Coming out is a process. It takes many different shapes and forms. Often times people worry about the reaction of parents and families the most. Good relationship or bad relationship, you are their family and you have a huge impact on their life.
This post isn’t about one sexuality or gender identity and it isn’t a step by step on how to come out. I’m writing this for parents and family members of someone who recently came out. I’m asked by clients all the time, “What do I do?” or “What do I say?” This is a normal reaction even for the most open minded of family members.
1. Listen Actively
There is a difference between hearing and active listening. Imagine two people at a restaurant and one is on the phone while the other is speaking. The first person is still hearing the other speak, but they aren’t internalizing and understanding it.
Active listening is the process of giving your undivided attention in the effort of internalizing what you are hearing and trying to understand it.
It is the first step in showing empathy. Remember, that empathy means the ability to share and understand the feelings of another.
Active listening is the way for your ears to hear, your mind to process, your heart to connect, and then your words to show understanding.
2. Show Support
There is a lot of fear and anxiety when you go up to a loved one and say, “I am ____.” The most heart crushing blow is when support is not given.
If you are not sure what to say then show affection until you can get past your first thought. Get up and wrap them in a nice warm hug.
Recommendation: Don’t let the first thing you say be a question. Being asked questions like: “Well, how do you know?” or “Who else have you told?” can put people on the defensive because they have to explain their actions, thoughts, or feelings.
I’ve seen support given in many different ways. Hugging is a popular choice, one of my personal favorites was a parent saying, “I’m glad that you trusted me enough to tell me.” And you always have the classics, “I have and will always love you,” and “I’ll be here whenever you need me.”
3. Ask Questions
See! Question time did come at last. It’s ok to ask questions and it shows you are interested and that you care. Just be careful of the questions that might cause unneeded defense.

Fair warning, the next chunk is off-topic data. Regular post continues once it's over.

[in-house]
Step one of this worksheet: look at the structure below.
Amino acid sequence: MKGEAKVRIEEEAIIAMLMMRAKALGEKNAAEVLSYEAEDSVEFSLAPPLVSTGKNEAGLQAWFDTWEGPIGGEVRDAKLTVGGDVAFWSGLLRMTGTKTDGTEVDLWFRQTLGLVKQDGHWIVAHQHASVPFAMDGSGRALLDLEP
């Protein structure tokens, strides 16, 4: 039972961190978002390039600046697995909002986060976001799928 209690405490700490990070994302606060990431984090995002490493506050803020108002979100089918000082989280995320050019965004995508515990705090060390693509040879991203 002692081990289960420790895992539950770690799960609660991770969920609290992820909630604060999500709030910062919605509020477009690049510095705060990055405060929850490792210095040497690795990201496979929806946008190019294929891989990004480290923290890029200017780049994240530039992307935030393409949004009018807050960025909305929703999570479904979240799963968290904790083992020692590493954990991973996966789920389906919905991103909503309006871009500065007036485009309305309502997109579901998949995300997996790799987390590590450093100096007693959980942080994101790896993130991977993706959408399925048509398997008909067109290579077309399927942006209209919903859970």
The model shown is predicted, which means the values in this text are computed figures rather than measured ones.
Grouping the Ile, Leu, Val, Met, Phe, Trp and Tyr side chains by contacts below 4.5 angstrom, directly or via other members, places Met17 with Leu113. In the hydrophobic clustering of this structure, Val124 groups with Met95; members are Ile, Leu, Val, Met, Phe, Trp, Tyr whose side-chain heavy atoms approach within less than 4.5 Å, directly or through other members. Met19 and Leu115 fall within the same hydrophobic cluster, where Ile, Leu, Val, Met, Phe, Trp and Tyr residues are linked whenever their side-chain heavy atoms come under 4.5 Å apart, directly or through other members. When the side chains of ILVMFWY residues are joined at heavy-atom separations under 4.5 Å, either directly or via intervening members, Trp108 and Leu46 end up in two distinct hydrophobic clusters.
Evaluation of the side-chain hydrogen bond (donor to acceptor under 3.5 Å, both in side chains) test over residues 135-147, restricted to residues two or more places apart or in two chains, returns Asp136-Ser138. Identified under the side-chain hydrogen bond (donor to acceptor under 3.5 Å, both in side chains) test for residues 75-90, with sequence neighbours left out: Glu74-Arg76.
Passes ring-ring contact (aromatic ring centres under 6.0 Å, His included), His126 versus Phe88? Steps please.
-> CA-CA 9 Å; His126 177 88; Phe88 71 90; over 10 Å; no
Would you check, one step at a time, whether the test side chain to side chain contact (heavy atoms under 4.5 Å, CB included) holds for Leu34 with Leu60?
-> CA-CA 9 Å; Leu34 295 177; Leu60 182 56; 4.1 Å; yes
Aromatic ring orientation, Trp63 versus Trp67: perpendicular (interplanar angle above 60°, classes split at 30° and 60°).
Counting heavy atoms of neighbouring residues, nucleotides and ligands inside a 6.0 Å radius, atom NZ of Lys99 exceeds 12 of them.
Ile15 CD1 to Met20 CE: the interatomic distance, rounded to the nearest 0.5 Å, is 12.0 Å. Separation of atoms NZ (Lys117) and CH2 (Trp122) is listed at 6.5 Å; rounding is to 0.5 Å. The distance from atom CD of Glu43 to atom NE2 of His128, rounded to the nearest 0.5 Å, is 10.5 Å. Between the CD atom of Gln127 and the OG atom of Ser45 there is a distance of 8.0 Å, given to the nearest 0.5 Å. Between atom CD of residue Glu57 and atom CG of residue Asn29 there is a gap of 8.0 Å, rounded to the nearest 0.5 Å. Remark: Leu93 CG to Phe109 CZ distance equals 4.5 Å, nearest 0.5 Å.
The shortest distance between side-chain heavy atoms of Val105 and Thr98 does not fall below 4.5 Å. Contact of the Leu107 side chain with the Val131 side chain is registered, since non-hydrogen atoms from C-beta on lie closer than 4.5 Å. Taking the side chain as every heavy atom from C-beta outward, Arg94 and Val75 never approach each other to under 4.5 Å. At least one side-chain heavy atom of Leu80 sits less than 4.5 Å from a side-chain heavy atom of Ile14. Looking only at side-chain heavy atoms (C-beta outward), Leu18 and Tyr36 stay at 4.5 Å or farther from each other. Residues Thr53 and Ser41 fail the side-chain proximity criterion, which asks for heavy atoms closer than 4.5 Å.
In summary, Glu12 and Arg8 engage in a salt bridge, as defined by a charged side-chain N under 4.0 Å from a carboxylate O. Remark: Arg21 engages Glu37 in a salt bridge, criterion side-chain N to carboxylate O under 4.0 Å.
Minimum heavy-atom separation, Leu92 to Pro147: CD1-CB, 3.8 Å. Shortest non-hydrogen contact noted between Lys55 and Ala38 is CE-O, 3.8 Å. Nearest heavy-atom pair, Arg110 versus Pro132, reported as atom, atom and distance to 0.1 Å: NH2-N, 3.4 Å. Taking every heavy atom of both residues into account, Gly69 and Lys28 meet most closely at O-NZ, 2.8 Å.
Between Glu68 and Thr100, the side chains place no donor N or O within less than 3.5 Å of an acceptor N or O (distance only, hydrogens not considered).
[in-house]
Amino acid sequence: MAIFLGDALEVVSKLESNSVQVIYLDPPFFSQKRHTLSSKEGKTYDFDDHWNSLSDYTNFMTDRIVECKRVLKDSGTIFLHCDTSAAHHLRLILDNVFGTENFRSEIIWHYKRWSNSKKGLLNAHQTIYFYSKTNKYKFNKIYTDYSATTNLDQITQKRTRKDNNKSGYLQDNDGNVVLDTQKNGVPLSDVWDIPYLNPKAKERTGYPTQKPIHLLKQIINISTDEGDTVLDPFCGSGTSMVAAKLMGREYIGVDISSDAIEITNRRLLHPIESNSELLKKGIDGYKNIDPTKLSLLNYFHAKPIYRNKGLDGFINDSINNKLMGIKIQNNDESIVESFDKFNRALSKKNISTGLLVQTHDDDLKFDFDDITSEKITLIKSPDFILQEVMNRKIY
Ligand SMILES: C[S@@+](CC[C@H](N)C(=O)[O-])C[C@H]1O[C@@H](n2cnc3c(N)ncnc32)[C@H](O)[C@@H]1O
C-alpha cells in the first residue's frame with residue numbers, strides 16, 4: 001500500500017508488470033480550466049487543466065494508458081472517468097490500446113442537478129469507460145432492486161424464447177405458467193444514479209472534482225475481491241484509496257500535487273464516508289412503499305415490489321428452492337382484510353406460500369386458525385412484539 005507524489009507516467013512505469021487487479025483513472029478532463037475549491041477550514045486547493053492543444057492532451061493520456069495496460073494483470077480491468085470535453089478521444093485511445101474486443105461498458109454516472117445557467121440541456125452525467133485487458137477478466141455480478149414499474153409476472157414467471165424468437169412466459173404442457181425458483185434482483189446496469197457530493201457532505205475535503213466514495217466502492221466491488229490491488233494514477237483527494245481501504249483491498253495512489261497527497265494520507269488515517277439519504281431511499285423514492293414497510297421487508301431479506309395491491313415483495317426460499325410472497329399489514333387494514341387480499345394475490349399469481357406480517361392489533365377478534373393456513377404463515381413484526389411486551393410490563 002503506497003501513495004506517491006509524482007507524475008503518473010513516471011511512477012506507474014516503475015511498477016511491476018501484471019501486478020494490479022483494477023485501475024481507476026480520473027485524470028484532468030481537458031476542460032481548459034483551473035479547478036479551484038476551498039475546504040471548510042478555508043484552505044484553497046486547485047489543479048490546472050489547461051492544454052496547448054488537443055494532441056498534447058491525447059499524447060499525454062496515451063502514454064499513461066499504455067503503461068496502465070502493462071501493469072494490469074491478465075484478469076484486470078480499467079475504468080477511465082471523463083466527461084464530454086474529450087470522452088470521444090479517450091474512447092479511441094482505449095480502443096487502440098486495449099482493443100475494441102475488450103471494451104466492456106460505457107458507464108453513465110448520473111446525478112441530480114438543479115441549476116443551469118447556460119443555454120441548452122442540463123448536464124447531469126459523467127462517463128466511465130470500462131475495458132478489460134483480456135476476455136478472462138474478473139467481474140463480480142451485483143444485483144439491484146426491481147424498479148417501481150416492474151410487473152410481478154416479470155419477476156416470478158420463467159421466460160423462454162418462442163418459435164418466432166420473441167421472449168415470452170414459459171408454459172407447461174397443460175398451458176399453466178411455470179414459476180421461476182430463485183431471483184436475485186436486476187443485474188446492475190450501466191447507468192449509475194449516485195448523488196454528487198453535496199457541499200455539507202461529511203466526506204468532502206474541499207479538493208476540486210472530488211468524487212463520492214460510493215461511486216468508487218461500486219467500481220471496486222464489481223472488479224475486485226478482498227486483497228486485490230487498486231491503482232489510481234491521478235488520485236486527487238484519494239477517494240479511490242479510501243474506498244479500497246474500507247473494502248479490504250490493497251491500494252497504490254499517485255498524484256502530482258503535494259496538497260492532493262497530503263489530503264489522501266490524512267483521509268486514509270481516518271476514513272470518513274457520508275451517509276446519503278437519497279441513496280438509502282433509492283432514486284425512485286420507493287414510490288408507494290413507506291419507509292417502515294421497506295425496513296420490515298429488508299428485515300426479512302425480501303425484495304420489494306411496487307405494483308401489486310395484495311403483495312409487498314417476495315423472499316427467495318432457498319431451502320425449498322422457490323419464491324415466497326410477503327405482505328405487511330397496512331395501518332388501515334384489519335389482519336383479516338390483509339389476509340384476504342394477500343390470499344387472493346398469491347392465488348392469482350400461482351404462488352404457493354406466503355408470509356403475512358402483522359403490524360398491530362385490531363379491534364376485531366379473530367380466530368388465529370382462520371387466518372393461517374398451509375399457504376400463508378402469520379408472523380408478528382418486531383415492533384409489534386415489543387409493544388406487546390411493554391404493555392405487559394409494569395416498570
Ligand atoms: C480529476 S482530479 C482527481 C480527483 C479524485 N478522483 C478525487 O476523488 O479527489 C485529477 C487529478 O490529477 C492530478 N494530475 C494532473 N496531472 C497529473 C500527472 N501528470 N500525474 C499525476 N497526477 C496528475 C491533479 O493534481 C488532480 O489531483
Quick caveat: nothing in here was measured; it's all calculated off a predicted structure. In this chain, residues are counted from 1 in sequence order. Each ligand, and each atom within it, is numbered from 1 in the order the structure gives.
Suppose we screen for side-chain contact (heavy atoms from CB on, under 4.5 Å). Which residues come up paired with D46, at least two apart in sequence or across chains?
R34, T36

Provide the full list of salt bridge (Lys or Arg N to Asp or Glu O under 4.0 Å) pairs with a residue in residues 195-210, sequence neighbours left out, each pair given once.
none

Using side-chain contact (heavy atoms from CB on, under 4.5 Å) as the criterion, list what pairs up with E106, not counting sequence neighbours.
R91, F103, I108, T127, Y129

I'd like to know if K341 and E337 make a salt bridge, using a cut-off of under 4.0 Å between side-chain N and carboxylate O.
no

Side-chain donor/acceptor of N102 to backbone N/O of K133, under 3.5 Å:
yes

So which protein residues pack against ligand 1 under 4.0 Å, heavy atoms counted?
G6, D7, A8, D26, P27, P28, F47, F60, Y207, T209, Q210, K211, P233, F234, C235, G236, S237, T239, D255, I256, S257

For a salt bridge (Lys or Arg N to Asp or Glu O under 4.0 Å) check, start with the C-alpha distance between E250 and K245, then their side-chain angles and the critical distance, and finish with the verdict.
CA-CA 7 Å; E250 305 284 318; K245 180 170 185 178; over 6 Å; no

During a session I remember a parent looking at their child and asking, “Were you scared to tell me?” This question sparked an extremely heart felt conversation in which the child explained that they were scared and that they didn’t want to disappoint their parents. By the end everyone was crying and it ended in a round of “I love you.”
Remember that your child is the same person they were before. They are trying to be their authentic self. Including you is a big step in this process.
It is important to ask questions that are mutually beneficial for you and them. Try not to ask self serving questions.
Questions such as:
These are just a few simple questions you can ask your child that shows that you care and that you are ready to support them.
4. Say I Love You
This is a scary time for your child that most likely included a lot of processing and struggling before they started coming out. Telling a family member can be extremely stressful.
The three steps above are all important and can show the support and caring that is craved during this transition. In my opinion, Step 4 is the most important because it glues all of the steps together.
You actively listened to them, you showed support, and you asked questions that demonstrated interested and not judgement. Saying “I Love You” shows your child that you are behind them.
Life is going to change for you as well. There are plenty of support systems out there that you can take advantage of such as PFLAG. Feel feel to visit my resource page for more information.
You are part of a huge transition in your child's life and your support can change everything. So give them what they need and remember to always follow these 4 simple steps.
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I love providing people with information. So in my blog you will find posts on topics such as: community resources, media suggestions, parenting questions, and informational posts.